Meijun Li is in the business of nostalgia—via food.

"We're always looking for the things we had when we were young," says the 28-year-old founder of design studio Overice. “A lot of my inspiration is based on that theme. If I'm doing a logo for an Italian restaurant, for example, I want to know what area of Italy the restaurant focuses on and how the people there live and what flavor the food has."

Li’s dedication to the way things were has earned her a pretty solid clientele that mostly includes restaurant and food-related businesses but also encompasses beauty and fashion brands. Among her clients: Petite Studio, Madame Vo and Nowon in New York and beer company Pabst Blue Ribbon.

The design studio offers a variety of services that fall within the branding scope, from marketing research and art direction to menu and logo design, website production and merchandise design—an aspect of the business that has been gaining popularity in recent months. 

"It's been a trend since COVID-19 hit," says Li. "Right now, a lot of clients are making their own sauces or coffees so they are looking for packaging design as well." Eric Sze, for example, the chef and owner of Taiwanese restaurant 886 in New York, hired Li to design the label of his hit Sze Daddy Chili Sauce, which happens to exhume the Li aesthetic: colorfully playful, graphic-heavy and busy in the best way possible. 

“The design highlights the homemade nature of this Taiwanese hand bottled chili oil while having a modern and pop style," Li writes on Overice's Instagram account. "We wanted to find a balance between creating an intricate design and coming up with a visual that does not take itself too seriously."

When asked about what makes good restaurant-related merchandise, Li says that simplicity goes a long way. "It has to be aligned with people's lifestyle," she says. "I personally think that good merch is something not complicated and easy to wear. If it's a T-shirt, for example, it should have a simple statement on it."

Among the merch she's worked on: tees for 886, sweatshirts for Montauk-based The Pilates Snob, totes for Nature’s Soy and mugs for Suzhou-based Italian restaurant La Cipolla.

Born in a small town on the North side of China and raised in Shanghai, Li moved to New York around the age of 15 and eventually enrolled in the Parsons School of Design. While studying abroad in Paris back in 2016, she put her graphic design expertise to use by freelancing for a bunch of restaurants all around the world. Upon her return to New York, she decided to open up her own shop although still on the graphic design staff at Estee Lauder. She turned Overice into her full-time gig in September of this year.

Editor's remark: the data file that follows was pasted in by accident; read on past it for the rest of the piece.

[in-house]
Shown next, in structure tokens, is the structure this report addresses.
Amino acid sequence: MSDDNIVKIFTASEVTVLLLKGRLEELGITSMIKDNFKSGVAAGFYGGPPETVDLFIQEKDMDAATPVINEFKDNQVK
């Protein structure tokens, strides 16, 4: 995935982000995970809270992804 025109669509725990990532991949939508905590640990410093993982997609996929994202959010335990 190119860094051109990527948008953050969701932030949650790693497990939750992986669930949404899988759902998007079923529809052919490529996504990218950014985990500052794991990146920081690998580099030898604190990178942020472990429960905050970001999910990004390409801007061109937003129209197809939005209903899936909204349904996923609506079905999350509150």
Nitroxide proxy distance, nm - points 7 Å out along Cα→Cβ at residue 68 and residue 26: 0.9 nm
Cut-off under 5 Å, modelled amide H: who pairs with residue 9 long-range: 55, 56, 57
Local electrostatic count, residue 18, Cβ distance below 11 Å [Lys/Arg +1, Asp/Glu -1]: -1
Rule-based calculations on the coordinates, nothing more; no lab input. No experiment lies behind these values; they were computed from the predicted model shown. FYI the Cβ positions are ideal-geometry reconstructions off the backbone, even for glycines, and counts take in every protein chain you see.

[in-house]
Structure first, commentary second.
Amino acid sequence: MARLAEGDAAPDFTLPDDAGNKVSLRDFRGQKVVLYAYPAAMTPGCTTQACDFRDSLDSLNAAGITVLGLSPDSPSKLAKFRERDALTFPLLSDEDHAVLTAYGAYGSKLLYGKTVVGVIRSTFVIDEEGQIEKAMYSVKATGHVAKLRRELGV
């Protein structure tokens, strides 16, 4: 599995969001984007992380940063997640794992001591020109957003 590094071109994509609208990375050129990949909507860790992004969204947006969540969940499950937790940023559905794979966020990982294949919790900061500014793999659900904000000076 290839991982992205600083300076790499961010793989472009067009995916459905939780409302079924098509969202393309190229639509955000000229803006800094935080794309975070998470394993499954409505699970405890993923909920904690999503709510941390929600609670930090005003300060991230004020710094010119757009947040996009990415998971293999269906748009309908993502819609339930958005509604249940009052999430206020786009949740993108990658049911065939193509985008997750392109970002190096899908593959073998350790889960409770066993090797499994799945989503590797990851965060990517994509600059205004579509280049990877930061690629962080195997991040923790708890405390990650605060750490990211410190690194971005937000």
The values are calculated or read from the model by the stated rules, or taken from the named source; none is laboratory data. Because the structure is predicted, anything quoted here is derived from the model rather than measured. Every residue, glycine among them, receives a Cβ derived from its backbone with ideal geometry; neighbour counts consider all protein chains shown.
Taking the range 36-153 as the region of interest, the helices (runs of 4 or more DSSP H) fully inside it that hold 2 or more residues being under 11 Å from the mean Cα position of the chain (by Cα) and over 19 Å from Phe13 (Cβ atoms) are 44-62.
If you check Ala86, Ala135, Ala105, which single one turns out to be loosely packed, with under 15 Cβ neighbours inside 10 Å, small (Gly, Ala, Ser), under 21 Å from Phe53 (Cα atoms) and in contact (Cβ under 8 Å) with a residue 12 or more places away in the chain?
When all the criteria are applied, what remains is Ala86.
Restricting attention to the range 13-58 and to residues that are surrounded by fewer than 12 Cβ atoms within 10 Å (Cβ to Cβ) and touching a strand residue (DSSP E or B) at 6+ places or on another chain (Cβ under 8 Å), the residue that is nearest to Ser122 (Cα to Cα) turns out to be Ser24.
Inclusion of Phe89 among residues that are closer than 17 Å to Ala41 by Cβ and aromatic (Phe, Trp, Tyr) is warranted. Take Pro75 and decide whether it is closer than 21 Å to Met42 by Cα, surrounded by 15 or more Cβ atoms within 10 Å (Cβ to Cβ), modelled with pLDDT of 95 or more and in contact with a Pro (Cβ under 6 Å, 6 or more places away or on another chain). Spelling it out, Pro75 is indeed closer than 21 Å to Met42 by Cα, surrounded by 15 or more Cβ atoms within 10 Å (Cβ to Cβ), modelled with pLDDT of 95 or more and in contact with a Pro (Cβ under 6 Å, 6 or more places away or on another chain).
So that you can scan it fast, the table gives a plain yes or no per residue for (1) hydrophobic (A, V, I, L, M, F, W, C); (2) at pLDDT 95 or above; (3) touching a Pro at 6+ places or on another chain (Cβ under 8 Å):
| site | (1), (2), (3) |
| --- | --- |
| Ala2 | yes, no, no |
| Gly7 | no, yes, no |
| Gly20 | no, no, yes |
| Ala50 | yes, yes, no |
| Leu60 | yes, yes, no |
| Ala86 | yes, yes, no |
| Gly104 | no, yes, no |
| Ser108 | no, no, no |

As for the name of her company, Li is aware that some might read it as "over ice"—but she doesn’t mind correcting you. “It's actually 'over rice,'" she explains, giggling."I think the double R doesn't look so good. Also, rice is something that connects with my culture and is my favorite food, but goes really well with everything and you now may notice a lot of Western food with rice in it, too. At Overice, we try to design something for you that goes well with everything. It also evokes nostalgia, home and comfort."

That attention to detail and devotion to the things that appeal to all humans are part and parcel of Li and her team's design process (she currently works with two freelance designers and two freelance illustrators). 

After a client reaches out, Li sets up a call to learn more about the business. The onboarding process continues with a questionnaire that the designer sends the client. "I ask them about their company, who their target customer is, where they envision themselves in 5 and 10 years," she explains.

She'll then start her research, which includes work on visual inspirations that will populate a board that will eventually be part of the kickoff file sent to the brand. "In the file, there will be one page for typography, one for color, one for illustration style and then I'll have the client pick: they can circle items they love the most and those they hate the most," she says. "I always really want to know what they hate—so I know what to never use."

As involved as Li is in every aspect of her projects, she is quick to note that clients should learn to do their part as well. "A lot of people think designers are serving their clients but I do think that clients have their responsibilities as well," she says. “That is something that I hope other designers will start doing: to make clients feel responsible for the projects they are bringing. They should know about their customers and spend time preparing the documents and files we need."

She goes on: "We, as designers, promise to deliver our highest quality work creative-wise but I think that, client-wise, they should provide the things we need in the right form." That includes a business' proper name and address, its target demographic and even the ability to send over signed Word docs in a timely fashion. 

She also has advice for would-be designers and potential studio founders. First of all, she says, experience is key. "If you practice many times, you eventually get it," she notes. "If you are not confident, charge a little less until you feel more confident and can charge a fair price." 

Second piece of advice: social media is your friend. "One thing I didn't realize is that we, as artists, are surrounded by other artists but average people out there don't really see or know designers every day,” she says. “You might be the only one they follow so it's important to let the people around you know that this is what you do." After all, not everyone can come up with a memorably unique restaurant logo. And so, as Li says, don’t be shy, designer lovers: tell the world what you’re all about.

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